The milestones in Emirates’ incredible journey

Emirates is one of the world’s fastest growing airlines. Based in Dubai, Emirates connects people all over the world to a network of over 150 destinations. Emirates’ superior on board products and services, welcoming cabin crew and modern all wide-body fleet are world renowned.As the largest carrier in the Gulf, Emirates is known around the world for sponsoring some of the biggest sports teams, becoming a true powerhouse in the world of aviation. In just 32 years, the airline has gone from operating just three flights with four lease aircraft to operating a fleet of 256 aircraft to 152 destinations around the world. The Dubai-based airline also currently operates one of the youngest fleets in the world, a task that is not to be taken lightly due to the immense size of the fleet.While the airline continues to build out its future, it becomes just as important to take a step back to learn more about the history of how Emirates grew to become the giant that it is today.

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The 1980s was when the ‘Emirates’ brand turned from a concept to reality. The idea for Emirates was brought up when Gulf Air, who were operating flights in and out of Dubai at that time, had decided to cut back on its number of flights. This move by the airline became increasingly concerning for those in Dubai, fearing that they were helping other airlines by only serving as regional feeder flights.It was the year 1984 when Sheikh Mohammed Bin Rashid AL Maktoum and Sir Maurice Flanagan sat down to discuss launching a new airline in Dubai. Sir Flanagan was appointed to set up a new airline with $10 million, entrusted after his success of working at Dnata, or the Dubai National Air Transport Association. The airline soon found its business model, leaving just the name to be decided. With both Dubai Airlines and Emirates, he only put two names on the table, Sheikh Mohammed opted for his country’s new airline to be called Emirates. One year later, the $10 million capital investment was soon repaid, concluding a successful start-up of the carrier.Following the launch of Emirates on March 25, 1985, the airline was required to work and function without any state subsidies from its government. With Sheikh Ahamed as Chairman and Sir Maurice as CEO, the airline started its journey. Tim Clark, who would become the future president of the airline, had also begun to work for Emirates at this time. Without enough money to purchase aircraft, a deal was made with Pakistan International Airlines who agreed to the wet-lease of two aircraft, a brand new Boeing 737-300 and an Airbus A300 B4-200.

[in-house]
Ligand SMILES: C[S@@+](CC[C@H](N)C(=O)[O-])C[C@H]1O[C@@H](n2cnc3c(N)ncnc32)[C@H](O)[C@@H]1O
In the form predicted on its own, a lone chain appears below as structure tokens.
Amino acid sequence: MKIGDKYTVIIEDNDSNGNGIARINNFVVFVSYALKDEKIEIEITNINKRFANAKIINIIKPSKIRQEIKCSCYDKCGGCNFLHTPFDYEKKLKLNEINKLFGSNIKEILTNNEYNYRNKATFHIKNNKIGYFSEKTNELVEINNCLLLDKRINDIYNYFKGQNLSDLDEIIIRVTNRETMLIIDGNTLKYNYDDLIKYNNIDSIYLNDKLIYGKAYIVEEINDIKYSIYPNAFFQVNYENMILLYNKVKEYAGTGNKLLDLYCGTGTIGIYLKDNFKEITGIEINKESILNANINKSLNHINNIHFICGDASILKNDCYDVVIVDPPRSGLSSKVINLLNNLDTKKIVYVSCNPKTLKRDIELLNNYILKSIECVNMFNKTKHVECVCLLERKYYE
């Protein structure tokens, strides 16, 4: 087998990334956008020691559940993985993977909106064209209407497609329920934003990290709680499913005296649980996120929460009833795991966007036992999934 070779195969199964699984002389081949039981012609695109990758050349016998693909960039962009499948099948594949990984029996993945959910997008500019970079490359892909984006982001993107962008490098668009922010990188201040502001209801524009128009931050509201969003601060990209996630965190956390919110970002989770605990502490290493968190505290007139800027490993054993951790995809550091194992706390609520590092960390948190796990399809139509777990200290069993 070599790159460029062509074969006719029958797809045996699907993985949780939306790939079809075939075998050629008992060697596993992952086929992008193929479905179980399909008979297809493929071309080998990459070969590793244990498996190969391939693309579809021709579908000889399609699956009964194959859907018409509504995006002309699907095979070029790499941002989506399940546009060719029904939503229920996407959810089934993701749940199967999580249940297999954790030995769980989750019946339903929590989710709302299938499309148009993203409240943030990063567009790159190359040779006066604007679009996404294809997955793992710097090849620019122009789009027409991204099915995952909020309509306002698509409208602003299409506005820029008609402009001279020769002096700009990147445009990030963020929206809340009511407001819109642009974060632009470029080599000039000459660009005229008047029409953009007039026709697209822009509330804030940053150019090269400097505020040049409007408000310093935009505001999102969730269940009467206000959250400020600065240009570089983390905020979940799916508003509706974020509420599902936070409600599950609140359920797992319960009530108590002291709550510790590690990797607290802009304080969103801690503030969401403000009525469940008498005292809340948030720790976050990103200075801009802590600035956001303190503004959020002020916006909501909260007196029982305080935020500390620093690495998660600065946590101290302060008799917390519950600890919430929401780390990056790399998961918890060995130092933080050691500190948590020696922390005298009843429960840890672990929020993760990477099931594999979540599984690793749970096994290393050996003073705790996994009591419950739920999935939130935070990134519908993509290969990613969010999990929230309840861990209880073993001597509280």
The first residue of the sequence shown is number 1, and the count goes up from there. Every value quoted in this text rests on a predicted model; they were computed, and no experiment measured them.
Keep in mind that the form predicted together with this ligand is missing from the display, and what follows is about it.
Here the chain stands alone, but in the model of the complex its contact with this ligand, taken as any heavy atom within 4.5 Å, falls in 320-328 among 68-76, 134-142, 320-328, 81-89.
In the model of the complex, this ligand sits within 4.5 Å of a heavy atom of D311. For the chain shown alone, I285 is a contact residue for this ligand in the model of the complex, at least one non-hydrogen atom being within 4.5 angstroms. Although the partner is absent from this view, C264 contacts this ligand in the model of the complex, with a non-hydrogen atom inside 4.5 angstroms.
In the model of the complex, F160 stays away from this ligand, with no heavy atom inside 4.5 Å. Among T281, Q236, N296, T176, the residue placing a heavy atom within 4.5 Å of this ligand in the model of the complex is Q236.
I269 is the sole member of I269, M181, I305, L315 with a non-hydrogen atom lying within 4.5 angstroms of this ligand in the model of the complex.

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The 1980s was when the ‘Emirates’ brand turned from a concept to reality. The idea for Emirates was brought up when Gulf Air, who were operating flights in and out of Dubai at that time, had decided to cut back on its number of flights. This move by the airline became increasingly concerning for those in Dubai, fearing that they were helping other airlines by only serving as regional feeder flights.It was the year 1984 when Sheikh Mohammed Bin Rashid AL Maktoum and Sir Maurice Flanagan sat down to discuss launching a new airline in Dubai. Sir Flanagan was appointed to set up a new airline with $10 million, entrusted after his success of working at Dnata, or the Dubai National Air Transport Association. The airline soon found its business model, leaving just the name to be decided. With both Dubai Airlines and Emirates, he only put two names on the table, Sheikh Mohammed opted for his country’s new airline to be called Emirates. One year later, the $10 million capital investment was soon repaid, concluding a successful start-up of the carrier.Following the launch of Emirates on March 25, 1985, the airline was required to work and function without any state subsidies from its government. With Sheikh Ahamed as Chairman and Sir Maurice as CEO, the airline started its journey. Tim Clark, who would become the future president of the airline, had also begun to work for Emirates at this time. Without enough money to purchase aircraft, a deal was made with Pakistan International Airlines who agreed to the wet-lease of two aircraft, a brand new Boeing 737-300 and an Airbus A300 B4-200.On top of this, the Dubai Royal family gifted Emirates two additional aircraft from the Dubai Royal Air Wing, giving the airline two Boeing 727-200 aircraft. Emirates then moved quickly to secure deals and routes, with agreements for flights to Karachi, New Delhi, and Bombay. Emirates then conducted its first commercial service flight on Oct. 25, 1985 to Karachi under the flight number EK600.Emirates would go on to have an outstanding first year as a new carrier. In fact, they were so successful in their first year of operation that Gulf Air saw a 56 percent drop in profits, which then moved onto a further loss the following year. In the year that followed, Emirates would grow so quickly that they opened an additional four routes, offering its customers flights to Amman, Colombo, Cairo, and Dhaka. The airline continued to move forward and in 1987 with the purchase of their first ever new aircraft: an Airbus A310. The airplane was built to specifications that Emirates had put forward to Airbus in their bid to offer passengers a superior flying experience compared to its rivals.Emirates had now in the first seven years of its life been recording a steady average growth rate of 30 percent. In 1988 Emirates adds Damascus to its route network, becoming the 12th destination around the world, in only 38 months of business.

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